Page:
she is a great shooter so doesnt really matter, just curious
  6. B27

    B27 New Member

    Sep 23, 2012
    Atlanta, GA
    Whatever Bubba did that to your stock needs to be thrashed severely. :mad:

    People that do that to these older historical guns are defacing history, IMHO.
  7. jack404

    jack404 Former Guest

    Jan 11, 2010
    Not bubba'd at all

    there where sappers versions not just sappers used em , but thats the name they had , artillery and a few other folks got em as they weighed a pound lighter

    mortar men got them a few others

    air force ( army air corps) too
  8. jack404

    jack404 Former Guest

    Jan 11, 2010
    6 main variants i think from memory probably wrong , but around there ..
  9. oldfartrr

    oldfartrr Active Member

    Jun 30, 2012
    northern calif
    i agree but u should have seen it before i cleaned it up,, was just sawed off and grind marks on top of reciever. :(
    a bit of sandpaper and oil on the stock. filed and sanded the top of reciever ,, and a bit of cold blue.
    dont think $50 was too bad an investment
  10. Jim K

    Jim K New Member

    Dec 6, 2009
    CAI ST ALB VT stands for Century Arms Inc., St. Albans, Vermont; as noted, it is the importer's mark, not that of the original manufacturer.

    There were no variations of the U.S.-made Pattern 1914 or the U.S. Model 1917; there may have been "sapper's" or other variations of some British rifles other than those made in the U.S.

    Last edited: Nov 23, 2012
  11. whirley

    whirley Member

    Jan 27, 2008
    Eddystone and Winchester marked the 1917 rifles with their name on top of the receiver in the front. I never saw a Remington, but I'l guess they probably did the same.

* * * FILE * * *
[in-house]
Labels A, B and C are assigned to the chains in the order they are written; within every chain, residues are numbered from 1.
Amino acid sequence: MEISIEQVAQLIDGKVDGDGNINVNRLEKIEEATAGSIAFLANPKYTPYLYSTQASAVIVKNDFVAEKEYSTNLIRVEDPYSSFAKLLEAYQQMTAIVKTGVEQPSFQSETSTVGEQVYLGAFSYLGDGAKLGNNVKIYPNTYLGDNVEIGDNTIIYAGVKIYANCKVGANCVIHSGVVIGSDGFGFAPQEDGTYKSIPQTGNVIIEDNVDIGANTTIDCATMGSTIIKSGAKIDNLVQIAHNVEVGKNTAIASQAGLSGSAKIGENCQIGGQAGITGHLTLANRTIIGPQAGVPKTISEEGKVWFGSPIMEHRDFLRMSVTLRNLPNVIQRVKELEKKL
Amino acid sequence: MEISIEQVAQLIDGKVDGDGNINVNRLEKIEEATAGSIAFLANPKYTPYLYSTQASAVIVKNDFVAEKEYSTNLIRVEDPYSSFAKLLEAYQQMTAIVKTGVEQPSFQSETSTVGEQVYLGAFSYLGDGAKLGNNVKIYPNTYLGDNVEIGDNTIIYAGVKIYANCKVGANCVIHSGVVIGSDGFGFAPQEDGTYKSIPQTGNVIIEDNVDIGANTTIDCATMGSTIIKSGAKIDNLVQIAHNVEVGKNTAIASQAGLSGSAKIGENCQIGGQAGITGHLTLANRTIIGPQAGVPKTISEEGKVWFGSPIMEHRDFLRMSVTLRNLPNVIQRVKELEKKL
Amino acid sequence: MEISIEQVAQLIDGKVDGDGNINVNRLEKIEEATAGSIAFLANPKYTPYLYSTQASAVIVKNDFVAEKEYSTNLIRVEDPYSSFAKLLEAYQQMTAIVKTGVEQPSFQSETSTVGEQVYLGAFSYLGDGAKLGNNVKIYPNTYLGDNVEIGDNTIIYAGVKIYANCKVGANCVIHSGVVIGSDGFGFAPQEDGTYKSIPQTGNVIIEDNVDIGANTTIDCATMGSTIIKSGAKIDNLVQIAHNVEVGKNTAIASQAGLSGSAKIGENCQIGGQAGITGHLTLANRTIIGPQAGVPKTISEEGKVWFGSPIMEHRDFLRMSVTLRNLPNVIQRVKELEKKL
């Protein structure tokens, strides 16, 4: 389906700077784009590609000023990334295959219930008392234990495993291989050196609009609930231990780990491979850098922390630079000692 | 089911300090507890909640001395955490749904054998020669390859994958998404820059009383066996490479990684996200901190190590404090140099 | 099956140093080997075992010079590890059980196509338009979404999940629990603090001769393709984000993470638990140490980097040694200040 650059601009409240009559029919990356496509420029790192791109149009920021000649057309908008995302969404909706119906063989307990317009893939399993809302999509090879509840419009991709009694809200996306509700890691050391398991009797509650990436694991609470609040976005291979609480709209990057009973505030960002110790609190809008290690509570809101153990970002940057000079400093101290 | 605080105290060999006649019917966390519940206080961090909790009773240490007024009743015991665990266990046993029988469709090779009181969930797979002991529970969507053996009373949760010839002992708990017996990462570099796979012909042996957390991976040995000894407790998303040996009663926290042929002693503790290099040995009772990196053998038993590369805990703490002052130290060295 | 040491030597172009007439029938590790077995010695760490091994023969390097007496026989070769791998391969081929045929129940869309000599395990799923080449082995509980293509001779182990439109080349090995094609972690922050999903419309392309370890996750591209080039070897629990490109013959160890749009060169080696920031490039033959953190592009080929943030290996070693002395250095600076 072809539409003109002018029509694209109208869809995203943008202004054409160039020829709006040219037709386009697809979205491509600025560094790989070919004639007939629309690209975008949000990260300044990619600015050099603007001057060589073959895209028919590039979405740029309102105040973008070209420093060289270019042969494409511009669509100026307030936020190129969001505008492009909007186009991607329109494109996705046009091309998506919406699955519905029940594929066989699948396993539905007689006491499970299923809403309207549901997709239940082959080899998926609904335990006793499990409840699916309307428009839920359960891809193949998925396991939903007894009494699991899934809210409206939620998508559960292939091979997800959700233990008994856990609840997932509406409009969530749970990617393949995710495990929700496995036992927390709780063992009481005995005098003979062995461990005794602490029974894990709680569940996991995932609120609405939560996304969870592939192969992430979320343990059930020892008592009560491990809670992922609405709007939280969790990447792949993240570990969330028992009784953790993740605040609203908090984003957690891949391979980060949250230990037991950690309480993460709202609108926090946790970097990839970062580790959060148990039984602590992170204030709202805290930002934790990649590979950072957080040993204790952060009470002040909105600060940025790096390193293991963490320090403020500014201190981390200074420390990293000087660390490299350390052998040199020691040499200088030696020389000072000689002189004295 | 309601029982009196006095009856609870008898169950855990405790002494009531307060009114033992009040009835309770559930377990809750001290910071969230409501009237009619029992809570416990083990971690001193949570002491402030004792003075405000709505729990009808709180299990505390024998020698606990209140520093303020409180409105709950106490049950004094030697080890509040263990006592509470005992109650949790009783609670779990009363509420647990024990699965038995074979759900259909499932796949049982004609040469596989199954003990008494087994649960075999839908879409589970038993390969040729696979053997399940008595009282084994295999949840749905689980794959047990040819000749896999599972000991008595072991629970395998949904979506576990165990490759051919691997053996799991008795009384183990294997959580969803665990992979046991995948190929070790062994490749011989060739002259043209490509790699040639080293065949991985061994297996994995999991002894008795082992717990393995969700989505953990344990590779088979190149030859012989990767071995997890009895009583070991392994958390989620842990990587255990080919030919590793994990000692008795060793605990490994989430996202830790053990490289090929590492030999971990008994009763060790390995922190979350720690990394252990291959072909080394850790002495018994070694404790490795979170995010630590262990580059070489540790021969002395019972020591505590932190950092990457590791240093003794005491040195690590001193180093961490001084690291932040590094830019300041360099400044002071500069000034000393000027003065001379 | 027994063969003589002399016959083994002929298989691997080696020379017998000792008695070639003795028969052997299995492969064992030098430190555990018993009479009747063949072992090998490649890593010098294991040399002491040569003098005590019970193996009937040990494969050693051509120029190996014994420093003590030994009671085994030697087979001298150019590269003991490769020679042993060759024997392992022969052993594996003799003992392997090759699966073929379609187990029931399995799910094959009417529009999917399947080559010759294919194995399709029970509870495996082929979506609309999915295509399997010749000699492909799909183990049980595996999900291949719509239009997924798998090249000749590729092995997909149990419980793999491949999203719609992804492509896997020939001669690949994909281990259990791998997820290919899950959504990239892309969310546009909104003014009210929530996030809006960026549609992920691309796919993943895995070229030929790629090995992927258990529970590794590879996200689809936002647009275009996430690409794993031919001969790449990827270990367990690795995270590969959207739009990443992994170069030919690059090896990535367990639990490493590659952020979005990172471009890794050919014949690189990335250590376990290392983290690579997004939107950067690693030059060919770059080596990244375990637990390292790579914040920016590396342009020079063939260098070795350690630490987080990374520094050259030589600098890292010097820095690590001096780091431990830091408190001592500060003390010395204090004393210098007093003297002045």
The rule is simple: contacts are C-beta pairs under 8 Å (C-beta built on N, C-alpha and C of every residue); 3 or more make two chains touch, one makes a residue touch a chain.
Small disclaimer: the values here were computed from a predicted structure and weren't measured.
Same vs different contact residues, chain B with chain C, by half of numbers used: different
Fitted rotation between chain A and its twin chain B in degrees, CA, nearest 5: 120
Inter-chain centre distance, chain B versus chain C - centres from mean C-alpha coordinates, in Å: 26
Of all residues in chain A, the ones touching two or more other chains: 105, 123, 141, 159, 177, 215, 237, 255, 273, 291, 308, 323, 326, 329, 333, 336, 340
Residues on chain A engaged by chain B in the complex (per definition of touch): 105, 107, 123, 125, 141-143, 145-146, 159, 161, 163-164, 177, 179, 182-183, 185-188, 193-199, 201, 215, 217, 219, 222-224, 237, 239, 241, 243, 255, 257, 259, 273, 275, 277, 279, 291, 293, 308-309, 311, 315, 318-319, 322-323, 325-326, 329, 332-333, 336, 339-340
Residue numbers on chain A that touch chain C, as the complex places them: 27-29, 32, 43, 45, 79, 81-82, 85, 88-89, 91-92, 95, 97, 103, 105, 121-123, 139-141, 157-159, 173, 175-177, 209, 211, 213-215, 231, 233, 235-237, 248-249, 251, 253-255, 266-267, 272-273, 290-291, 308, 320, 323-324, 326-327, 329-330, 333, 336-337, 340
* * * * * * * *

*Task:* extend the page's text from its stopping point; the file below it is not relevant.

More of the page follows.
12. gunboat

    gunboat Member

    Jun 2, 2008
    San Josie
    Actually I don't see it as "bubba'd" either -- Seems to look decent --
    Probably bought for about $20-30 in the late 60's or 70's --
    Stock looks to be neatly cut --
    Can't speak to the owners thoughts about grinding off the marking --
    But, all in all a nice cheap hunting rifle that is a bit lighter --

    We tend to look at yesterday with todays eyes.
  13. Redhand

    Redhand Active Member

    Apr 14, 2009
    If my memory serves me right, which it seldom does anymore,Remington made a civilian version of this rifle designated the 30A. It may have been modified more than yours.:confused::confused::confused:
  14. gunboat

    gunboat Member

    Jun 2, 2008
    San Josie
    I think the rem 30a was built on the same receiver without the sight "ears".
  15. BulletArc47

    BulletArc47 New Member

    Nov 15, 2012
    I can't really help:eek:, but I love trying find out the history of used guns, especially military arms that have circulated outside of the US. It is a subject of great interest to me.

    And as for sportorizing a used military gun, it really depends on the model of the gun, its value, its condition,so on so forth.
    Last edited: Dec 10, 2012